eCampus News: Is generative AI a threat or an opportunity?

Everyone is talking about ChatGPT, but perhaps none are more concerned than those of us who work in education. Earlier this year, the New York Times reported that some universities are taking proactive measures and revamping their courses in response to the new chatbot–some changes include swapping written responses for oral responses, requiring that students write their first essay drafts in class, and initiating more group work.

Read Dr. Kelly Dore’s full opinion article on generative AI and college admissions in eCampus News.

Key highlights from the article:

  • An overview of the issue: Universities need to adapt to a world where information becomes progressively more accessible through the advancement of AI technologies.
  • Tech advancements aren’t new: ChatGPT, although a relatively new tool, is similar to other technological advancements that universities have adapted to, such as students using laptops for note-taking and accessing information online — requiring students to ensure the accuracy of their research and draw meaningful conclusions.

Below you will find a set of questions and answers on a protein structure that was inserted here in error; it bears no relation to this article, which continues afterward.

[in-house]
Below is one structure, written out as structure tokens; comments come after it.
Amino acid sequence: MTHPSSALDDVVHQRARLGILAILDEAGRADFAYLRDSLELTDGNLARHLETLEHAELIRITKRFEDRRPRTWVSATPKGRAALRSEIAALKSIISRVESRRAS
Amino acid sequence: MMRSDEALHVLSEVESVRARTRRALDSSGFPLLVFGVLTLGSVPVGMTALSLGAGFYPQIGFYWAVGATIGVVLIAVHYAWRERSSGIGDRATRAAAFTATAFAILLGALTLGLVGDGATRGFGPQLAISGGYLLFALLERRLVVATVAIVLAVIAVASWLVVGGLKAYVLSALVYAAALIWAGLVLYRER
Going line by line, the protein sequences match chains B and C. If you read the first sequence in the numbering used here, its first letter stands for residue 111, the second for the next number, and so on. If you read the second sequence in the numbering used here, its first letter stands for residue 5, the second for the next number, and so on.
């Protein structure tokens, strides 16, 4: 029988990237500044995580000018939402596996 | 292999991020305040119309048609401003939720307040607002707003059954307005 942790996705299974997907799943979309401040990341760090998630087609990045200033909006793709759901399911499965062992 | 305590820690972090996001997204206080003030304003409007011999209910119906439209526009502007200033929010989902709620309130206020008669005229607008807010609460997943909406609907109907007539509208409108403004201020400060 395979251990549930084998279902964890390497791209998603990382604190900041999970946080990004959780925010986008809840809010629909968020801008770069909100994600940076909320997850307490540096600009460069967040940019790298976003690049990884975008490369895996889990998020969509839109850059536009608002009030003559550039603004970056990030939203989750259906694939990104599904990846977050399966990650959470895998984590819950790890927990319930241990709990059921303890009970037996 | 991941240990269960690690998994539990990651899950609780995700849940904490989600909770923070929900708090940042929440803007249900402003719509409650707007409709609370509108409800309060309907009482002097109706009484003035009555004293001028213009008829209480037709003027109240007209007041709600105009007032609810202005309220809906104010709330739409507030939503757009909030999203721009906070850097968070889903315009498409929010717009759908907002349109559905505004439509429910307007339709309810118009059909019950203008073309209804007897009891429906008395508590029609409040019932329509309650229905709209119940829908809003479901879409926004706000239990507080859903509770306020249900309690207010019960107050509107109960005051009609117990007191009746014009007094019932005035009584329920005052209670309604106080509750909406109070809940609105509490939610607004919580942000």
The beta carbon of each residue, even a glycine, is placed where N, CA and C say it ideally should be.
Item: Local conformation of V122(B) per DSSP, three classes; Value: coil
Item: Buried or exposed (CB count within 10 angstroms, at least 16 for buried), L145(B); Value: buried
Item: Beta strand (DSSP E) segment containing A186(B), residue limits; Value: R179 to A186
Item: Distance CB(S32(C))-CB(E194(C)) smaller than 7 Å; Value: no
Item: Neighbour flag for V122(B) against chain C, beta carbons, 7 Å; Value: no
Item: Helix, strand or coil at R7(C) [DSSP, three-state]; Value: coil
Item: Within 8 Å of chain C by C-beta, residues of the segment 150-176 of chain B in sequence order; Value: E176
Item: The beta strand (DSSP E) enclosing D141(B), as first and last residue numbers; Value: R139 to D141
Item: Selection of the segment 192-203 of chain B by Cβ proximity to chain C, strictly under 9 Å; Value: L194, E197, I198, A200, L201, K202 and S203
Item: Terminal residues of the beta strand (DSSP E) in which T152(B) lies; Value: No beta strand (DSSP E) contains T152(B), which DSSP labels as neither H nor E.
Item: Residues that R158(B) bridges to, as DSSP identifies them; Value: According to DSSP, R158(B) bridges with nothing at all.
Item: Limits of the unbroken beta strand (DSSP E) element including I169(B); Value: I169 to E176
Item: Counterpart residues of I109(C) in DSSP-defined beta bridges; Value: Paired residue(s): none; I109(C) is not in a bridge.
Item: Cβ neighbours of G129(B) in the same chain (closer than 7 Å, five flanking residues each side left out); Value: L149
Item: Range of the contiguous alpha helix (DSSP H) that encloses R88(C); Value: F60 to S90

• Higher ed must be proactive: It’s critical that higher education institutions provide best practices for students, so that they do not become overly reliant on the technology – which will lead to a loss of critical skills.
  • The need for holistic admissions: Generative AI like ChatGPT may result in a shift away from essays and personal statements in higher ed admissions. This will potentially leading to a less holistic evaluation of applicants, emphasizing academic metrics and potentially disadvantaging students from marginalized backgrounds, highlighting the importance of implementing non-academic measures supported by research to maintain a comprehensive admissions process.